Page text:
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Trends Microbiol. 2018 Jan;26(1):16-32. doi: 10.1016/j.tim.2017.07.008. Epub 2017 Aug 23.

Women and Their Microbes: The Unexpected Friendship.

Author information

1
Winclove Probiotics, 11 Hulstweg, 1032 LB Amsterdam, The Netherlands. Electronic address: j.younes@winclove.nl.
2
KU Leuven, Centre of Microbial and Plant Genetics, Kasteelpark Arenberg 20, 3001 Leuven, Belgium; University of Antwerp, Department of Bioscience Engineering, Antwerp, Belgium.
3
McMaster University, Department of Family Medicine, 100 Main Street West Hamilton, ON L8P 1H6, Canada.
4
University Medical Center Groningen, Department of Biomedical Engineering, Antonius Deusinglaan 1, 9713AV Groningen, The Netherlands.
5
Human Microbiology and Probiotics, Lawson Health Research Institute, 268 Grosvenor Street, London, Ontario, N6A 4V2, Canada; Departments of Microbiology & Immunology, and Surgery, The University of Western Ontario, London, Ontario, N6A 5C1, Canada.
6
KU Leuven, Centre of Microbial and Plant Genetics, Kasteelpark Arenberg 20, 3001 Leuven, Belgium; University of Antwerp, Department of Bioscience Engineering, Antwerp, Belgium. Electronic address: mariya.petrova@kuleuven.be.

Abstract

Communities of microbiota have been associated with numerous health outcomes, and while much emphasis has been placed on the gastrointestinal niche, there is growing interest in the microbiome specific for female reproductive health and the health of their offspring. The vaginal microbiome plays an essential role not only in health and dysbiosis, but also potentially in successful fertilization and healthy pregnancies. In addition, microbial communities have been isolated from formerly forbidden sterile niches such as the placenta, breast, uterus, and Fallopian tubes, strongly suggesting an additional microbial role in women's health. A combination of maternally linked prenatal, birth, and postnatal factors, together with environmental and medical interventions, influence early and later life through the microbiome. Here, we review the role of microbes in female health focusing on the vaginal tract and discuss how male and female reproductive microbiomes are intertwined with conception and how mother-child microbial transfer is a key determinant in infant health, and thus the next generation.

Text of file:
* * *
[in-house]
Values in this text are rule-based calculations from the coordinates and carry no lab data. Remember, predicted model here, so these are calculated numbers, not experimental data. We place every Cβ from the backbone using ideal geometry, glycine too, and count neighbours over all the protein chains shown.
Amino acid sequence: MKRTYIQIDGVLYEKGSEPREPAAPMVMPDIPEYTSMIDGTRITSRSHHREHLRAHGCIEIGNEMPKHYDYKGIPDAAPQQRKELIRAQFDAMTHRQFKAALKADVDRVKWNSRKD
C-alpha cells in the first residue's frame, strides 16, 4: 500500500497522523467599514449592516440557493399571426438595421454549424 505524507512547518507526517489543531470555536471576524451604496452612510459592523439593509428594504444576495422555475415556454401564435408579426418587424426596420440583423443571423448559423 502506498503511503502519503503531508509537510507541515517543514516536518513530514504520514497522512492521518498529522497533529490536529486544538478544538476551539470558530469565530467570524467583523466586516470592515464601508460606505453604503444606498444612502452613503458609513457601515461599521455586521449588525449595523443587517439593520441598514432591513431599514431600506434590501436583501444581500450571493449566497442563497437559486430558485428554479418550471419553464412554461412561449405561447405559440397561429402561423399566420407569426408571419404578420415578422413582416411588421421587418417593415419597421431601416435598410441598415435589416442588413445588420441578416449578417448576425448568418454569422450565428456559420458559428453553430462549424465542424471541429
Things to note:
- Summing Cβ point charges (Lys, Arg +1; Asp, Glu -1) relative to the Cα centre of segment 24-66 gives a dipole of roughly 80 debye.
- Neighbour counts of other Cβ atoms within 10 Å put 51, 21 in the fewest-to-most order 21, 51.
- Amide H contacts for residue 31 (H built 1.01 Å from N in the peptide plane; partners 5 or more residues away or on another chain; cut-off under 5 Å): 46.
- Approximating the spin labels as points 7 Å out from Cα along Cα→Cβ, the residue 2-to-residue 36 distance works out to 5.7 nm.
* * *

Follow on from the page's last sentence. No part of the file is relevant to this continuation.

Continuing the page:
KEYWORDS:

birth; conception; menopause; microbial inheritance; pregnancy; probiotics; reproductive microbiome; urogenital health; women’s health

PMID:
28844447
DOI:
10.1016/j.tim.2017.07.008
[Indexed for MEDLINE]

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